The problem of this research hinges on the determination of the extent to which Social Studies teachers‘ personality and qualification influences characteristics on the attitudinal disposition of learners and their interest towards learning especially in the case of teacher training colleges.

1.3 Objectives of the Study

The major objectives of this study are to assess Social Studies Teachers‘ Personality and

Qualification as Motivating factors to Students‘ Learning of Social Studies in Colleges of Education in North-Western Nigeria, but specific objectives of the study are to:  

  1. Find out the opinion of male and female Social Studies students‘ regarding the impact of teachers‘ Personality as a motivating factor in learning Social Studies in

Colleges of Education in North-Western Nigeria.

  1. Find out in the opinion of male and female Social Studies Teachers‘ regarding the impact of teachers‘ personality as a motivating factor in learning Social Studies in Colleges of Education in North- Western Nigeria.
  • Find out in the opinion of male and female Social Studies students‘ regarding the impact of teachers‘ qualification as a motivating factor in learning Social Studies in Colleges of Education in North- Western Nigeria.
  1. Find out in the opinion of male and female Social Studies Teachers‘ regarding the impact of teachers‘ qualification as a motivating factor in learning Social Studies in Colleges of Education in North- Western Nigeria.
  2. Find out in the opinion of male and female Social Studies Students‘ of different NCE levels regarding the impact of teachers‘ personality as motivating factor to learning Social Studies in Colleges of Education in North-Western Nigeria.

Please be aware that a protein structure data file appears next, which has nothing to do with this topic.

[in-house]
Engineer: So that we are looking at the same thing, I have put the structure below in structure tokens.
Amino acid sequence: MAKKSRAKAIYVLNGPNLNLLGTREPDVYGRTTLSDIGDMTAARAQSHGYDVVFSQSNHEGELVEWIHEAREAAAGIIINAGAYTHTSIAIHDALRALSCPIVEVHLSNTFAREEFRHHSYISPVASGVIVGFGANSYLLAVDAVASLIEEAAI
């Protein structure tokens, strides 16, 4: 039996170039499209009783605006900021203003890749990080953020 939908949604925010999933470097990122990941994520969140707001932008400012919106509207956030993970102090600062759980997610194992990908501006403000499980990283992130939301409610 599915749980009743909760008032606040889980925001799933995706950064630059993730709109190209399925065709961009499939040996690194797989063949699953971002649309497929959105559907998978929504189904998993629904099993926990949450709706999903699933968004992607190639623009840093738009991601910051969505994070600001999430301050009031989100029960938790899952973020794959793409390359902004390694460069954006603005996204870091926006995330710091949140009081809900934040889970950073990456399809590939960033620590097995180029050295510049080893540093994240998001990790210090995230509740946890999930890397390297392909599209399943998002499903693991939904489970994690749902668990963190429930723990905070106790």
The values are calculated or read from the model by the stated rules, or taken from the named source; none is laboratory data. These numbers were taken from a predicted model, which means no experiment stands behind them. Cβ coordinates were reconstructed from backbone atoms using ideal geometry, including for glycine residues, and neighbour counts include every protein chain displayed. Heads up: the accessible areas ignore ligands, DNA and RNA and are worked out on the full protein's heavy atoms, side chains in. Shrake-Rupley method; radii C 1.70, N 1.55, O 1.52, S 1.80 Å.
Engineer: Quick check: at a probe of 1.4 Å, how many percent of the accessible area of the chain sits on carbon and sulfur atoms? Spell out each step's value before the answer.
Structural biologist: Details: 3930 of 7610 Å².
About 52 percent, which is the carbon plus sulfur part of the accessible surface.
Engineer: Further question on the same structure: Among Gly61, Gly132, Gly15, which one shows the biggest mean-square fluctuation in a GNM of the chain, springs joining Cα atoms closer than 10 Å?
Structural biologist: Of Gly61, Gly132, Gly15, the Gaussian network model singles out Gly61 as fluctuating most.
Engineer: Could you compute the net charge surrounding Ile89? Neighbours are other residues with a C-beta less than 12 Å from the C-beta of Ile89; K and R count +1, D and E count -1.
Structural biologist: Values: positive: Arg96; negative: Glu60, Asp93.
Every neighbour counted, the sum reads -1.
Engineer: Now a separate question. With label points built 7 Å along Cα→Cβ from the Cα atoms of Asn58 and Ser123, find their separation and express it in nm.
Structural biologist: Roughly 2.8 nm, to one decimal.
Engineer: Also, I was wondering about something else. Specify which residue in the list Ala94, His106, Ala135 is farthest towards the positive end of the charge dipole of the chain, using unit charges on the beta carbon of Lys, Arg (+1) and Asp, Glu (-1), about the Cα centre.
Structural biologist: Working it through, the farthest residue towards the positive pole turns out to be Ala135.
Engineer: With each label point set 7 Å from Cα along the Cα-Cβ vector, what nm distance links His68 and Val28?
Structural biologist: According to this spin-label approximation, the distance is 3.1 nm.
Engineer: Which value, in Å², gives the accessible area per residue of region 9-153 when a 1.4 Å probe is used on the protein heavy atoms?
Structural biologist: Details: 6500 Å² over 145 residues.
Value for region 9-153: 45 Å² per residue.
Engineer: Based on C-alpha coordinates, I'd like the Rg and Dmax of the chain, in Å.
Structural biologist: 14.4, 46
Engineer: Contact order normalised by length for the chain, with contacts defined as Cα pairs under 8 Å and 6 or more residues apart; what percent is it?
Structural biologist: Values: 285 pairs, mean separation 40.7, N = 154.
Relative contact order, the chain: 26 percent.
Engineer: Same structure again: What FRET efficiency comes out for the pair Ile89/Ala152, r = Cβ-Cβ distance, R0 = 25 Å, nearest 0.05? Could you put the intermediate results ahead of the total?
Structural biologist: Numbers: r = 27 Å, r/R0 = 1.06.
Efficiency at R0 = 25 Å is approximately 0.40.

3. Find out in the opinion of male and female Social Studies Students‘ of different NCE levels regarding the impact of teachers‘ qualification as motivating factor to learning Social Studies in Colleges of Education in North-Western Nigeria.
  • Find out in the opinion of male and female Social Studies teachers‘ with different personality traits regarding the impact of teachers‘ personality as a motivating factor

in learning Social Studies in Colleges of Education in North-Western Nigeria.

  • Find out in the opinion of male and female Social Studies teachers‘ with different qualifications regarding the impact of teachers‘ qualification as a motivating factor in

learning Social Studies in Colleges of Education in North-Western Nigeria.

1.4 Research Questions

Based on the objectives stated above, the following Research Questions of the study emerged:

  1. Is there any gender difference in the mean opinion scores of Social Studies students‘ on Social Studies teachers‘ personality as a motivating factor to learning Social Studies in Colleges of Education in North Western Nigeria?
  2. What is the gender difference in the mean opinion scores of Social Studies students‘ on Social Studies teachers‘ qualification as a motivating factor to learning of Social Studies in Colleges of Education in North-Western Nigeria?
  • Is there any gender difference in the mean opinion scores of Social Studies teachers‘ regarding the impact of their personality as a motivating factor to learning Social Studies in Colleges of Education in North-Western Nigeria?